Loving

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For my 17th Birthday, from them ALL

Thursday afternoon, lunch time. Greg and I were preparing a most awesome Thai Beef salad, and as is my wont for conviviality and all around good vibes when in the kitchen together, asked him to put some music on. He chose Van Halen, which was not surprising because I’d been craving it for days. Our Vulcan mind meld going exponential every year we are together in crazy-wild fashion. Cool, cool.

Mark & Bub

Aside from the fun Greg and I have together while listening, Van Halen is my high school years, and in particular the time spent with Bub, Craig, and Mark. For a lot of people, I was a strange appendage to this band. A girl in the company of young men. An assumed sexual relationship, which could not be further from the truth. Except for a brief time when I had a crush on Mark, they were like brothers to me. We’d known each other for years, Bub and I since fifth grade. We carpooled in his Celica, sophomore, junior, and half of senior year (until I bought my Celica, and people called us the Rice Rocket twins), so him most so.

Craig

We did all manner of activity together, go-carts at the Green Scene in Boulder, where I was cowardly slow. Mini-golf, where Bub reigned supreme. Football games. Basketball games. Parties. Movies. Wild & silly. Teenagers behaving as such. One time, where I do not remember whose house, only that it was south of 64th and near Pierce, I read the comics while they and whomever’s house it was, watched porn with the sound off. Out of “respect” for me. I kept my eyes down, not at all interested in that business, and when they told me it was safe to look, I believed them. We ALL laughed heartily at my gullibility.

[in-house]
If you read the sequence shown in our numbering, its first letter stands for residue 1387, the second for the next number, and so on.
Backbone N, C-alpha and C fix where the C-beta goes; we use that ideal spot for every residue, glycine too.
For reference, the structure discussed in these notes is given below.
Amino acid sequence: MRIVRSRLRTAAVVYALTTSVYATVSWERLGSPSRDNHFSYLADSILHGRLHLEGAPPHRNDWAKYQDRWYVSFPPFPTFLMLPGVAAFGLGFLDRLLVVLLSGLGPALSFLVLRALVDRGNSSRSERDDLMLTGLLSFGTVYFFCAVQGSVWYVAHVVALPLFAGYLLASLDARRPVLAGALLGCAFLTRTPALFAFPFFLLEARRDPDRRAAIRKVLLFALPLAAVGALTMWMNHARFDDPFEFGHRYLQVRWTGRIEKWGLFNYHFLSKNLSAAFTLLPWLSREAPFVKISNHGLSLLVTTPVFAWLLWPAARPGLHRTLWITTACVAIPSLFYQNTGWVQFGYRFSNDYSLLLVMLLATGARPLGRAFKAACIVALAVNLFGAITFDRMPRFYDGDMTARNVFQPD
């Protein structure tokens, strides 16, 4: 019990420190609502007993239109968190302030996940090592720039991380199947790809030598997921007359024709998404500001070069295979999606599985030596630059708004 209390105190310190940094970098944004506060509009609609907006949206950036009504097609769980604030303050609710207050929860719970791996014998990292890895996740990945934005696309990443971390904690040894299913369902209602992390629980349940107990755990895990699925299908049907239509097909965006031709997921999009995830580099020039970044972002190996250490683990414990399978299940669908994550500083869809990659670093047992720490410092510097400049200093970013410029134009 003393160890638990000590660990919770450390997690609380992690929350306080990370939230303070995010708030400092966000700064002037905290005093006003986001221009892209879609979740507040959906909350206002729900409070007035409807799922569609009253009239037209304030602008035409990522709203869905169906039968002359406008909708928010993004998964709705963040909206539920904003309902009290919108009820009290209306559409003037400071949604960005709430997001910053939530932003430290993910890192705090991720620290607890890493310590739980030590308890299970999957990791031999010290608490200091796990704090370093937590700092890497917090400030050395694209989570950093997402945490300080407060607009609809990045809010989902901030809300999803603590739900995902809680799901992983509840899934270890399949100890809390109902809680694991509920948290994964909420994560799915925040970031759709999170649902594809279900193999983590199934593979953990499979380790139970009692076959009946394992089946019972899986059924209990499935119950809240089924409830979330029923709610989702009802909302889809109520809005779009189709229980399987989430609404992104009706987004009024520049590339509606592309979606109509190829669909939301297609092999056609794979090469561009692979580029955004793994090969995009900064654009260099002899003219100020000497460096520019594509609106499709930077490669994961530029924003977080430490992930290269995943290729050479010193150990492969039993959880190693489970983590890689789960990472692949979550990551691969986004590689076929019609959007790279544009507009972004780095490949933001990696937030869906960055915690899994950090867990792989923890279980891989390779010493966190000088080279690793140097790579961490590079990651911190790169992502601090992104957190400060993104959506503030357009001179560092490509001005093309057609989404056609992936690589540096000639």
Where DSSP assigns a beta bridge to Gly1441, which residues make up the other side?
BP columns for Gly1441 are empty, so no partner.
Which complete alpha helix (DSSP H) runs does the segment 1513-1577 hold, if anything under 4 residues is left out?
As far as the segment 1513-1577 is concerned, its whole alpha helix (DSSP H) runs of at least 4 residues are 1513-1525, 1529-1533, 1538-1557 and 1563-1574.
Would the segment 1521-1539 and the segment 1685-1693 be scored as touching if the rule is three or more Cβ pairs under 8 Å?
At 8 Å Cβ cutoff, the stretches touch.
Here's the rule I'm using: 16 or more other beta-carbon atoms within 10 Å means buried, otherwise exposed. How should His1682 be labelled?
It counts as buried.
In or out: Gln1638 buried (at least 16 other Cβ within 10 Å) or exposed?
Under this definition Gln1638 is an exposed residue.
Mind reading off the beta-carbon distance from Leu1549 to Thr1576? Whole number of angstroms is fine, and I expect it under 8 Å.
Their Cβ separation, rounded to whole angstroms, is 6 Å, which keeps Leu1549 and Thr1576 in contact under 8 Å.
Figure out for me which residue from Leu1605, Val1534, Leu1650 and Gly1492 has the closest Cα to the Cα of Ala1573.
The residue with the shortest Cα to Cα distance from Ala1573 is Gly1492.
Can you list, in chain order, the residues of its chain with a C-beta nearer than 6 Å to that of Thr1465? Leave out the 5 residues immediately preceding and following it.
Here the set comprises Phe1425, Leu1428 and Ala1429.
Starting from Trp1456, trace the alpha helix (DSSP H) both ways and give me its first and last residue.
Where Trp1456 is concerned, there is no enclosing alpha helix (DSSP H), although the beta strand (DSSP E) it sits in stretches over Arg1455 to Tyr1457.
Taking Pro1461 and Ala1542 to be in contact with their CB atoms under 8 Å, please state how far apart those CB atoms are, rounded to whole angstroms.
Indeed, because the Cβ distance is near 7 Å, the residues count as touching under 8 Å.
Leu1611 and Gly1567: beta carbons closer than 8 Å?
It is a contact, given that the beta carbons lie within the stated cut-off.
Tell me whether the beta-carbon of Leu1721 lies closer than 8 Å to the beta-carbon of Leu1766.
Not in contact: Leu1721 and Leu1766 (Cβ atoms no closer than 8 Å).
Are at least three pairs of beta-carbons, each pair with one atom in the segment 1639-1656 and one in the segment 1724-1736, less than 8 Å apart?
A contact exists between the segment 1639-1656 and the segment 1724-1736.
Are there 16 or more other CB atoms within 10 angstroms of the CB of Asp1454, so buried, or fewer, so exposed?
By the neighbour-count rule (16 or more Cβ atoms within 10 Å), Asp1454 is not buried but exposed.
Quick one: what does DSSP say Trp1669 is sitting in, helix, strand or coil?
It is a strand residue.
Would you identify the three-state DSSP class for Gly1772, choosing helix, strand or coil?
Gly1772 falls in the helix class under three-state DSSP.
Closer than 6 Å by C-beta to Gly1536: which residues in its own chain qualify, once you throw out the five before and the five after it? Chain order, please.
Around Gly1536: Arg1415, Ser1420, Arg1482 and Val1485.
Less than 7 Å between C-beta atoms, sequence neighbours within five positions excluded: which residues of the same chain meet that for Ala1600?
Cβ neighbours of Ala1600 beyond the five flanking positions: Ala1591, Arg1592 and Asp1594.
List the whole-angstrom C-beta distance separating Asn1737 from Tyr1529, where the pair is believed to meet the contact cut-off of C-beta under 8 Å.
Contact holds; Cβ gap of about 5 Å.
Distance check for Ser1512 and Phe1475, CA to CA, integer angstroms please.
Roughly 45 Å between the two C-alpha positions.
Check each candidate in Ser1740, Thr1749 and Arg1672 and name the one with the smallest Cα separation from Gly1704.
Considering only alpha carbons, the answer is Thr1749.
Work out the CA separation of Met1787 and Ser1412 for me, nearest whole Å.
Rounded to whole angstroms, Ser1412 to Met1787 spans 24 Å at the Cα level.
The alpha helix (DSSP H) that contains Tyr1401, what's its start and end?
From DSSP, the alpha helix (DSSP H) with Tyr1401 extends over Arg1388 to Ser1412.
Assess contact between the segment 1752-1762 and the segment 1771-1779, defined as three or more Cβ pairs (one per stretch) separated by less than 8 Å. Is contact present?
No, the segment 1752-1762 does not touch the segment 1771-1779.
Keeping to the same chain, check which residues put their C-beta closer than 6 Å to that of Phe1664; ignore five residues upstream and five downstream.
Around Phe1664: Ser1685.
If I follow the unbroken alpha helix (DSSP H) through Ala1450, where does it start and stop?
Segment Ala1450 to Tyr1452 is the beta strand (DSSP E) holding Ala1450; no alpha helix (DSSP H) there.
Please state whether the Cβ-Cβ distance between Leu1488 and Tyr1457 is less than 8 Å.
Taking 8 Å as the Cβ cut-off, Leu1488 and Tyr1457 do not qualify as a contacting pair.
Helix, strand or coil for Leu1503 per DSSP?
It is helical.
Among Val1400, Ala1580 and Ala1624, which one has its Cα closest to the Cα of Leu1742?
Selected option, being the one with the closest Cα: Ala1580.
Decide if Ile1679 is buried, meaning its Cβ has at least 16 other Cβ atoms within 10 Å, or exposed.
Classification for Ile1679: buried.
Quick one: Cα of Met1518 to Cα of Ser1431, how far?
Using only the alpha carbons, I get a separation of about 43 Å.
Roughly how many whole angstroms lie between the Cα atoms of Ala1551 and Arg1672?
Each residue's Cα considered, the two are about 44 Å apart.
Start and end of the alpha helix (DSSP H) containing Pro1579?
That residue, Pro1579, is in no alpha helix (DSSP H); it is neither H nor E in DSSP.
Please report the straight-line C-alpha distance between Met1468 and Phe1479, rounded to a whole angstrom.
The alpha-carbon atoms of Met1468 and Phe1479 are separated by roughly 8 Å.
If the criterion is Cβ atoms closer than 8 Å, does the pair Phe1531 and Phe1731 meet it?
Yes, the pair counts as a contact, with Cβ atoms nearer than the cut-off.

The last day we were all together….

Mostly we drove around, as was the way. This is where the Van Halen really comes in. Running with the Devil, Ain’t Talking Bout Love… ALL of it. Mostly in Craig’s car, a 1980 Trans Am with T-tops. Did it have the phoenix on the hood? I can no longer remember. But the feeling, I do. Every season, but summer most potently. Warm air – short sleeve shirt, no jacket required. Me nearly always in the back seat, tops off and wind whipping my hair wild while the music played LOUD, exhilarated by freedom and pure joy. Laughter. So much laughter. And being with people I loved.

They’d pick me up at Wendy’s during a brief foray as an employee and call me Burger, having so strongly smelled of flipping them. Another time, behind Mark when he decided it was the right time to spit out his chew, high speed on Wadsworth, no less, and it ALL rushes on the wind and in my face. The horror and disgust and laughter, yet again.

I’ve lost track of them all. We are scattered by winds and distance, changing interests and loss. I have no sadness about it, no remorse. They are among the best parts of my past and shall remain so.

My beautiful, witty, and hilarious best gal, Andie Card! We’ve been friends since we were sixteen, with a giant book of cherished memories under our belts. We hadn’t seen each other for a well over a year, all this COVID misery destroying the best laid plans. Her pup insisted on being in the photo, and I give you more and more of a glimpse of him edging in, which explains my smirk in the first picture. I am trying not to laugh at him doing his best photo bomb! The pictures aren’t perfect, but our love and friendship surely is.